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UAB in Antarctica
As Maggie and others have mentioned previously, one of the species I am working with this season is an omnivorous amphipod species, Gondogeneia antarctica (Gondo for short). Just as a quick reminder, these are the highly active and (if you ask me) charismatic microfauna that live on the big-branched brown algae (Desmarestia species) down here in large numbers.

By large numbers, I mean approximately 300,000 individuals per 1-meter square of algae, as one previous graduate student (Yusheng Huang) found out after many long months of counting. They are perfect candidates for my climate change experiment because even though they are small, there are lots of them and they can have a sizeable impact on community structure.  Trust me - there are a lot of amphipods on the brown alga imaged above.

I am interested in measuring many aspects of the lives of the Gondo in my experiment, like how growth or behavior may be affected by the increased temperature or decreased pH. For now, let's consider these different temperature/pH treatment groups as Districts. I will have four Districts for my upcoming experiment. As Maggie previously mentioned, we are fortunate to have some fish biologists currently working at Palmer. There presence has opened up an interesting opportunity for me for me to play Gamemaker. Let me explain.

Jill Zamzow, as a post-doctorate, came to Palmer station with our lab a few seasons ago and when the project focused on Antarctic chemical ecology. Jill studied some of the things that influence when and where Gondo chooses to hang out. She did a variety of studies, but the one that interests me the most is when she introduced "predator cues" and looked at the types of algae Gondo preferred to sit on. In this case the "predator cues" is water in which fish have been maintained. She found that the amphipods change the type of algae they hang out on depending on whether or not they think they might get eaten because there may be a fish nearby.

Here is where the fish biologists come in, they are going to let me take a little water out of the giant tanks that they hold their rock cod. I will set up an experiment to test if changes in temperature and pH influence how Gondo behavior. Specifically, I will track where they will hang out when they 'think' or chemically sense there is a fish around. Thank's to Jill's research I already have a good idea of what they might do. But the proof will be in the pudding or in in this case in fishy water as you can see above!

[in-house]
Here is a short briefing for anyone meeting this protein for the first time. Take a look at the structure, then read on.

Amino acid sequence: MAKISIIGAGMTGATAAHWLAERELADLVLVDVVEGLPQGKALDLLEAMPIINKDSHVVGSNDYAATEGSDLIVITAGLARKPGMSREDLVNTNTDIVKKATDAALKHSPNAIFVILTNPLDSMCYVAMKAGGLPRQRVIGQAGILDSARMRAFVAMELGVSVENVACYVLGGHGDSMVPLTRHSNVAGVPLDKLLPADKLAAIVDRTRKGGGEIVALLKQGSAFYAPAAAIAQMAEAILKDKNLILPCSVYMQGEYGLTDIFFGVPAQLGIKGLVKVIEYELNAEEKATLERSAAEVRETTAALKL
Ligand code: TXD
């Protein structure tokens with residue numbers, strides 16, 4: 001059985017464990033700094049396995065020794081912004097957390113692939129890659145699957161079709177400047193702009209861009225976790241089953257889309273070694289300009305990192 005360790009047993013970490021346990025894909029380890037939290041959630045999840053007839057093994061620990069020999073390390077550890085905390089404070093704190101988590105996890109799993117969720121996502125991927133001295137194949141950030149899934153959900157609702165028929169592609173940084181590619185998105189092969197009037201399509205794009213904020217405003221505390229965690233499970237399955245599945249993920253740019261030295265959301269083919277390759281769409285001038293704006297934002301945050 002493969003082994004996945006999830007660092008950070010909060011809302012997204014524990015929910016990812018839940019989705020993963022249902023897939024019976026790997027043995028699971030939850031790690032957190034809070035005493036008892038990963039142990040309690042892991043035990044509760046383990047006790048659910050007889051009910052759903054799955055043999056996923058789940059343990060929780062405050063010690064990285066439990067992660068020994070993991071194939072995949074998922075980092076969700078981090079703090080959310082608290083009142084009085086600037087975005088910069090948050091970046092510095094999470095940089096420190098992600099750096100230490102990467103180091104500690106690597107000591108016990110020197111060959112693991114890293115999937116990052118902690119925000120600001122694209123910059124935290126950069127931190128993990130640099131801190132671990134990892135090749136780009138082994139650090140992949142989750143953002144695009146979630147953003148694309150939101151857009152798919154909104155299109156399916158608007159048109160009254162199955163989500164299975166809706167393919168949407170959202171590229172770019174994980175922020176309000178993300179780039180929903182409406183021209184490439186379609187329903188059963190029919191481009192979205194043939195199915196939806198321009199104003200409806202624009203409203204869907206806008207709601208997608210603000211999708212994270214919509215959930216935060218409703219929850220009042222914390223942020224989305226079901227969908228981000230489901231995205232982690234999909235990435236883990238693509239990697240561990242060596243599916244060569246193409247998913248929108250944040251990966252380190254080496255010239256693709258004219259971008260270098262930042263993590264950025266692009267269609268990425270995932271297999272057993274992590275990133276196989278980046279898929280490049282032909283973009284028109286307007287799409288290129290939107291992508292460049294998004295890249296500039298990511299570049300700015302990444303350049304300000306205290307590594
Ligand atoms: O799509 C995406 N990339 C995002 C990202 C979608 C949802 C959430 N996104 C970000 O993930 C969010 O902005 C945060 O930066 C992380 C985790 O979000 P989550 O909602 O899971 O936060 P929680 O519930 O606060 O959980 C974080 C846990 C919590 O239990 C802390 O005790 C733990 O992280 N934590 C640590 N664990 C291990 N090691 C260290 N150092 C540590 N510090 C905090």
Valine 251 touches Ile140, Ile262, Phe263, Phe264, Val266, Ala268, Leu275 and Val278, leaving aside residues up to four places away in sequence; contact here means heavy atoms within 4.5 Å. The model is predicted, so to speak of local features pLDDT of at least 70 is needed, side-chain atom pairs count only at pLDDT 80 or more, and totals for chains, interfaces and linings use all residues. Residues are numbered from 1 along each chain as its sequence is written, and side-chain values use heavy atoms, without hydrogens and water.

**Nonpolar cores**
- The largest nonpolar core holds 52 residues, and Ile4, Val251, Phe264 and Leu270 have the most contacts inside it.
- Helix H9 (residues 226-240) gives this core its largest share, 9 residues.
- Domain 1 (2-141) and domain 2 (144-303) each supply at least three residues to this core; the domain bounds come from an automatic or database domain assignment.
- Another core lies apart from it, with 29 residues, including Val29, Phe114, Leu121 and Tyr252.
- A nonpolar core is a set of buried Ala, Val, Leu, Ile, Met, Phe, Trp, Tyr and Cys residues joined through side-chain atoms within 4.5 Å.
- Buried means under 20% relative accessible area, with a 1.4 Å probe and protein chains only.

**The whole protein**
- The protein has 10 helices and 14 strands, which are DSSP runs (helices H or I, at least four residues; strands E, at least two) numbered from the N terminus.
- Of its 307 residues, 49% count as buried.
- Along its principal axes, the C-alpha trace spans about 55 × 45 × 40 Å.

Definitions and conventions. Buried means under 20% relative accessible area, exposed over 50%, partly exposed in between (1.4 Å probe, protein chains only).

To do this, I have set up a mini-arena into which I put 16 Gondo. I have carefully weighed out equal masses of the bladed red alga , their preferred food, and the branched brown alga Desmarestia menziesii, their preferred home. I am essentially giving them the choice of escaping into the trees for safety or running to the cornucopia represented by a large section of one of their favorite foods. I will do this with regular seawater from the aquarium tanks and seawater that has held the Antarctic rock cod, so I have my "predator cue" similar to the ones Jill used.
I then sit back and see which alga they choose to hang out on after three hours. Lucky for my Gondo, they are not really fighting for their survival or supremacy over the other Districts and there is no one winner. In fact my Districts aren't competing at all, they are all winners as soon as they catch their algae.

For the last several days I have been setting up my Games in a pilot study to test out how well this experiment will work out. So far it is promising, I am looking forward to this part of my experiment. Besides, no matter what... the odds will ever be in the favor of Gondo.

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